N.C. State’s training camp has been quiet, as you would expect for a team with so many of the same players back from a year ago.
There are not a lot of holes to fill on the depth chart and not many unknowns for coach Dave Doeren as he enters his fifth season.
Compare that to last year when the starting quarterback spot was up for grabs and there was a new offensive coordinator.
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Coaches will (correctly) never use the word “easy” to describe August practice, but this camp has seemed relatively quiet for the Wolfpack. Maybe too quiet?
“Too quiet for you guys or for me?” Doeren said. “Nah, I mean every day we’ve got a lot going on over here.”
The opener against South Carolina, at Charlotte’s Bank of America Stadium, is 11 days away. Monday will begin the game week for the Wolfpack, hoping to take the next step from the 7- and 8-win plateau under Doeren.
There aren’t many surprises expected on the depth chart, which will be released on Monday, so here’s an educated guess (and breakdown) at what the offense will look like:
Ryan Finley started every game a year ago after he graduated and transferred from Boise State. He’s still only a junior in eligibility after one season with the Wolfpack. He threw for 3,059 yards with 18 touchdowns and eight interceptions in his first season as the starter.
Familiarity, with his teammates, and experience – he was injured for all or parts of his three seasons at Boise State – should help Finley progress in 2017.
Jalan McClendon, a fourth-year junior, will again serve as Finley’s backup. McClendon ran for a pair of touchdowns last season and was a good change-of-pace to Finley. McClendon will again likely have his own situational sets and sub packages.
Junior Nyheim Hines is back at his natural position after spending most of his first two seasons at receiver. His speed can be a game-changer for the Wolfpack, and he will be counted on to help offset the loss of Matt Dayes (1,166 rushing yards).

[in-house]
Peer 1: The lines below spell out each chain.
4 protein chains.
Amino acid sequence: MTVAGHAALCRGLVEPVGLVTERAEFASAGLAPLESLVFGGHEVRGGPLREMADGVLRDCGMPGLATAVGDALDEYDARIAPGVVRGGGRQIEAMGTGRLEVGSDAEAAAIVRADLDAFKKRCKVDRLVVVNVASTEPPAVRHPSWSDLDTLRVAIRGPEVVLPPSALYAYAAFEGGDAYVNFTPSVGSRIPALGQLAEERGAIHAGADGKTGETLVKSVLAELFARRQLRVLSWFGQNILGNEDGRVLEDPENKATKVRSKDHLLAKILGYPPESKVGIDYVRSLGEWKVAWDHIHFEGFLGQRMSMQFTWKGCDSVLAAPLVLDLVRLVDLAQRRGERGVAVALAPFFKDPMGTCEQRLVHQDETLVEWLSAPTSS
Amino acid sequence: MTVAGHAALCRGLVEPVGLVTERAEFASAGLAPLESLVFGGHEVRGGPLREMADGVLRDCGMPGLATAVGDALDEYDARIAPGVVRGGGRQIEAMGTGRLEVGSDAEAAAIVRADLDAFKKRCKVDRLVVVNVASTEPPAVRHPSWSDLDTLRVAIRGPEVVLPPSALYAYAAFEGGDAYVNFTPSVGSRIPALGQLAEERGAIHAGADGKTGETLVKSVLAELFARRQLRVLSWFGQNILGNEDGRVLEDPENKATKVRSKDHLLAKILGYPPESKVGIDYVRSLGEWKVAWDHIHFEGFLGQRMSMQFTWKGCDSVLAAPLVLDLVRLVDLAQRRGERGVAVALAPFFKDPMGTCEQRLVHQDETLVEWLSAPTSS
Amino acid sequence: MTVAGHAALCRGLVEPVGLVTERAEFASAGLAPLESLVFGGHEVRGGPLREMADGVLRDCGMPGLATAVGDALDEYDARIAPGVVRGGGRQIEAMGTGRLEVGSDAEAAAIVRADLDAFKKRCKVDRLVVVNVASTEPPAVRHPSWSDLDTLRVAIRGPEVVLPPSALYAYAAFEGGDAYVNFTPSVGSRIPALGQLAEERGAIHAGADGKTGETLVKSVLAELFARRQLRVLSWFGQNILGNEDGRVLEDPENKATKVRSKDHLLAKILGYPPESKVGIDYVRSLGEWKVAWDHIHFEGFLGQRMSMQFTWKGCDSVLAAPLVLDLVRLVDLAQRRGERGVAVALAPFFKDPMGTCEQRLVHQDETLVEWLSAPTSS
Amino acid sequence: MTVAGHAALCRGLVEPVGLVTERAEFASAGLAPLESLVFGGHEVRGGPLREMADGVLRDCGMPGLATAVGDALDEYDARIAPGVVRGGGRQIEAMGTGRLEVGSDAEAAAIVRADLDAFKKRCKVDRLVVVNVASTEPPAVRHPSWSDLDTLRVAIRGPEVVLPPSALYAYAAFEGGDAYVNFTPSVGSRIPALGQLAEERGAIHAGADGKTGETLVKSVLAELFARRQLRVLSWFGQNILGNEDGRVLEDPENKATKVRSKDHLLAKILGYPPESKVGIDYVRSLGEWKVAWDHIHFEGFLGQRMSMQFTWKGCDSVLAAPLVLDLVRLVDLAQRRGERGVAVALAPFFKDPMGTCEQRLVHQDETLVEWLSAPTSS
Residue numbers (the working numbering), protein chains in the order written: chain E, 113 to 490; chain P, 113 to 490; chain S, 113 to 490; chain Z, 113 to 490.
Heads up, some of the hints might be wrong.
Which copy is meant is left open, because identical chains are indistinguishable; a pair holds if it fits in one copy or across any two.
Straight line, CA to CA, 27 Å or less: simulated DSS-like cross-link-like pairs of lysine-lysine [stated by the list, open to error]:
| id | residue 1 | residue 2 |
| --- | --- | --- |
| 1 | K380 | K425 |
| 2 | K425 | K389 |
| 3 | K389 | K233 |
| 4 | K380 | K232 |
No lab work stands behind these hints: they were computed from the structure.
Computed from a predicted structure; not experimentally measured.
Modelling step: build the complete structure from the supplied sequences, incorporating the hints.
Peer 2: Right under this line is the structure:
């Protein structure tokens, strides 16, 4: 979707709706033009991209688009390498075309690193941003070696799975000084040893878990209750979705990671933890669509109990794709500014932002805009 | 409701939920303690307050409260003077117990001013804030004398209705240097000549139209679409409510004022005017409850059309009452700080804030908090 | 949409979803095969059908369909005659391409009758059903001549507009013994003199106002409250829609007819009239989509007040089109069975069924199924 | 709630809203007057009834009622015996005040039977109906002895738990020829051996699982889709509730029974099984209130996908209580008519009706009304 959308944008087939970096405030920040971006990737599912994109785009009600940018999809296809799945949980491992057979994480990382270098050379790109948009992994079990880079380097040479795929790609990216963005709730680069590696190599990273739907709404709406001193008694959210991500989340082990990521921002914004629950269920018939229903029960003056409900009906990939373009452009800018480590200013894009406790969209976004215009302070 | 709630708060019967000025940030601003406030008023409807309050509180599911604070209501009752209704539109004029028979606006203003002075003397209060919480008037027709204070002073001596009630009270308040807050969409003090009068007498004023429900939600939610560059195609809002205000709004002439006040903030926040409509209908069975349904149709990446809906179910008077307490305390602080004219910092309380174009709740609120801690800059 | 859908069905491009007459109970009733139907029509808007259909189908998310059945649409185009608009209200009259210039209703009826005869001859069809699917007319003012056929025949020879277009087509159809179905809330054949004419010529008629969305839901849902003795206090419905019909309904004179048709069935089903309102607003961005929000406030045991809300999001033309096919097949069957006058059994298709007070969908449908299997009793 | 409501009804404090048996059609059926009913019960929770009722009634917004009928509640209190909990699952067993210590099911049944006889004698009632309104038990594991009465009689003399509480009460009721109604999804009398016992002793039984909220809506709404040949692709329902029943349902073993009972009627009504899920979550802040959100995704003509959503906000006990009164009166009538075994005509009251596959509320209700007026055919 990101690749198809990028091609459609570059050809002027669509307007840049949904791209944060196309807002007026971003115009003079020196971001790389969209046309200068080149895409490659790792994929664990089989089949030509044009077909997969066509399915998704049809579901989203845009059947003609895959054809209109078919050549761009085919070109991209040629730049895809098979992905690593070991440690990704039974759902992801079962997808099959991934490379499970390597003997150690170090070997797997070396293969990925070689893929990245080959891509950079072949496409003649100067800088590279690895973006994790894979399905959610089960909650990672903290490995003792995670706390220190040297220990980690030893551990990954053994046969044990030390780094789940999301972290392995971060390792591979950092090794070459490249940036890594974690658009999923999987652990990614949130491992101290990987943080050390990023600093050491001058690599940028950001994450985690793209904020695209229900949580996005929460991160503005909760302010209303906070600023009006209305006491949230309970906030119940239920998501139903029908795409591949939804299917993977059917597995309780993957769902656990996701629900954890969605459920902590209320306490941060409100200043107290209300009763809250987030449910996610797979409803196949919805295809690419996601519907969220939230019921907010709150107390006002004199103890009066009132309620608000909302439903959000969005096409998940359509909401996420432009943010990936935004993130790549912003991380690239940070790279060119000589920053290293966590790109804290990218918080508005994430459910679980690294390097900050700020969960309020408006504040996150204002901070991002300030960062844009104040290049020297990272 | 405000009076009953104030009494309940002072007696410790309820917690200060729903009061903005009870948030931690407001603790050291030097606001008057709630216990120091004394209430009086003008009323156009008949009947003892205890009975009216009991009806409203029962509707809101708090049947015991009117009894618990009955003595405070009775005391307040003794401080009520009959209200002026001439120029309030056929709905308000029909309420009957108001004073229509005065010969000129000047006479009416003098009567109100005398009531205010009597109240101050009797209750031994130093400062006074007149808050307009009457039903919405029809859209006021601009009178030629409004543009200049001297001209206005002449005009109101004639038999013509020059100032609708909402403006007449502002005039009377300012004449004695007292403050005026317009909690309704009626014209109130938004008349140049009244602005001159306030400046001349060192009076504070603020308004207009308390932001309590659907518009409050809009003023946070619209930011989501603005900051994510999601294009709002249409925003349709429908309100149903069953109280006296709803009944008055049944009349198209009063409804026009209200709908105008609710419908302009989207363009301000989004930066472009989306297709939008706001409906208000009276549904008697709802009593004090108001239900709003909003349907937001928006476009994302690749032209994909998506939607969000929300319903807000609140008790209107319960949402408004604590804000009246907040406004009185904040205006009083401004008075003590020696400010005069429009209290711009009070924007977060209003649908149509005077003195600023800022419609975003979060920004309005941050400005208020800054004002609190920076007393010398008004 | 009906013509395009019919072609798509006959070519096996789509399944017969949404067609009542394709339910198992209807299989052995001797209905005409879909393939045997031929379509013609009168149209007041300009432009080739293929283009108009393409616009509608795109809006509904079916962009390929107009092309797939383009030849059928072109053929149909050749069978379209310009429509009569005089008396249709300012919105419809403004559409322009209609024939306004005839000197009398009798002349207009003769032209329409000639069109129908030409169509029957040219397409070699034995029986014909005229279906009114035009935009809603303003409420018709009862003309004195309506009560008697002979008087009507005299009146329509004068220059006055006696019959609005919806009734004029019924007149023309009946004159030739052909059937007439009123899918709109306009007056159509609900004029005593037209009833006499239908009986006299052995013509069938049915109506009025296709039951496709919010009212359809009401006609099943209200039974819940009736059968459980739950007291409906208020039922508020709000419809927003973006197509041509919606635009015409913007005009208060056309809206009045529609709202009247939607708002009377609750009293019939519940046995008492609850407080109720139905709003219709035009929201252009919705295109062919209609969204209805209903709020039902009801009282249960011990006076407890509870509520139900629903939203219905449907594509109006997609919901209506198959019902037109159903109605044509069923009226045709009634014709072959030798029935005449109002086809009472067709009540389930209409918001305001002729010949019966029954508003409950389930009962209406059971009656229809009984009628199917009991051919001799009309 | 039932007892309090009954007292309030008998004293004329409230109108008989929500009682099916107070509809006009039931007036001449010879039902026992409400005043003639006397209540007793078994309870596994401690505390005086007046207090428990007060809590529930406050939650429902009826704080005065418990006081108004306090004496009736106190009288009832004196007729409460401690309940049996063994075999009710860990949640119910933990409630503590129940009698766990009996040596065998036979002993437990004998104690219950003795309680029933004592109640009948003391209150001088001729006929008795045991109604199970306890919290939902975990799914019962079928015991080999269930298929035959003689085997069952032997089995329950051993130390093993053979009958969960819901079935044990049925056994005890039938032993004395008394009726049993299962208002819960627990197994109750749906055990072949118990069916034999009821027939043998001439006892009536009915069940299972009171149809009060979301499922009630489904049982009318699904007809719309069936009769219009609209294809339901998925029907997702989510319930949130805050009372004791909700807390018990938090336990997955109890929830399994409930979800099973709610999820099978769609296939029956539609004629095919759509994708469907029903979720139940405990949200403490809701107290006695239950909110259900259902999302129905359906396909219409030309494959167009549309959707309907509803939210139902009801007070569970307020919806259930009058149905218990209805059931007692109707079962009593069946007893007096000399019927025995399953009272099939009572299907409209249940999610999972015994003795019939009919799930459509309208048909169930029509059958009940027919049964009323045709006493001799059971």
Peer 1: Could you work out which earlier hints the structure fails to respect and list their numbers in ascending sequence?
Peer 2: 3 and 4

Junior Reggie Gallaspy is slimmer (down about 15 pounds to 220) and healthier than he has been in his college career. His power and between-the-tackles running style complement Hines’ strengths and will help save some tread on Hines’ tires. Gallaspy, who was still healing with a foot injury early last season, flourished by the end of the season.
Senior Dakwa Nichols, who is the best pass-protector of the group, and senior Jaylen Samuels, who helped out at running back after Dayes was injured in 2015, will also be in the rotation.
Samuels, listed as an H back, has led the team in receptions each of the past two seasons. He had 55 catches last year and will again be featured prominently in the passing game.
Junior Stephen Louis (a team-best 678 receiving yards) and sophomore Kelvin Harmon (five TD catches) were both pleasant surprises last season as outside receivers and will be counted on to take another step.
Cole Cook, a traditional tight end, doesn’t get too many passes thrown his way, but he might be the best blocker on the team. Jakobi Meyers, Gavin Locklear and Maurice Trowell will get playing time in the slot and have been useful in gadget plays.
The newcomer to watch is C.J. Riley, a freshman who redshirted last season with a knee injury. At 6-4, Riley gives Finley a big, downfield target, and he should have some room to run with defenses focusing on Samuels and Hines.
Joe Scelfo is the notable absence here. The grad transfer from South Alabama started every game at center and played nearly every snap.
Garrett Bradbury, who started at left guard, moves over to replace Scelfo. Junior Terronne Prescod, who started three games at right tackle, slides over to fill Bradbury’s slot.
Senior Tony Adams, a starter since his freshman year, returns at right guard, and both tackles – Tyler Jones (left) and Will Richardson (right) – are back.
Depth behind the starting five is a question mark. Prescod was the “sixth man” a year ago and really the only reserve to see significant snaps. Justin Witt (tackle) and Joe Sculthorpe (can play either guard or center) are a pair of redshirt freshmen who could add depth.
As a group, the offensive line helped make a significant dent in the number of sacks allowed (17 down from 39 the year before), but the average yard per rush was down as were rushing yards per game.
Joe Giglio: 919-829-8938, @jwgiglio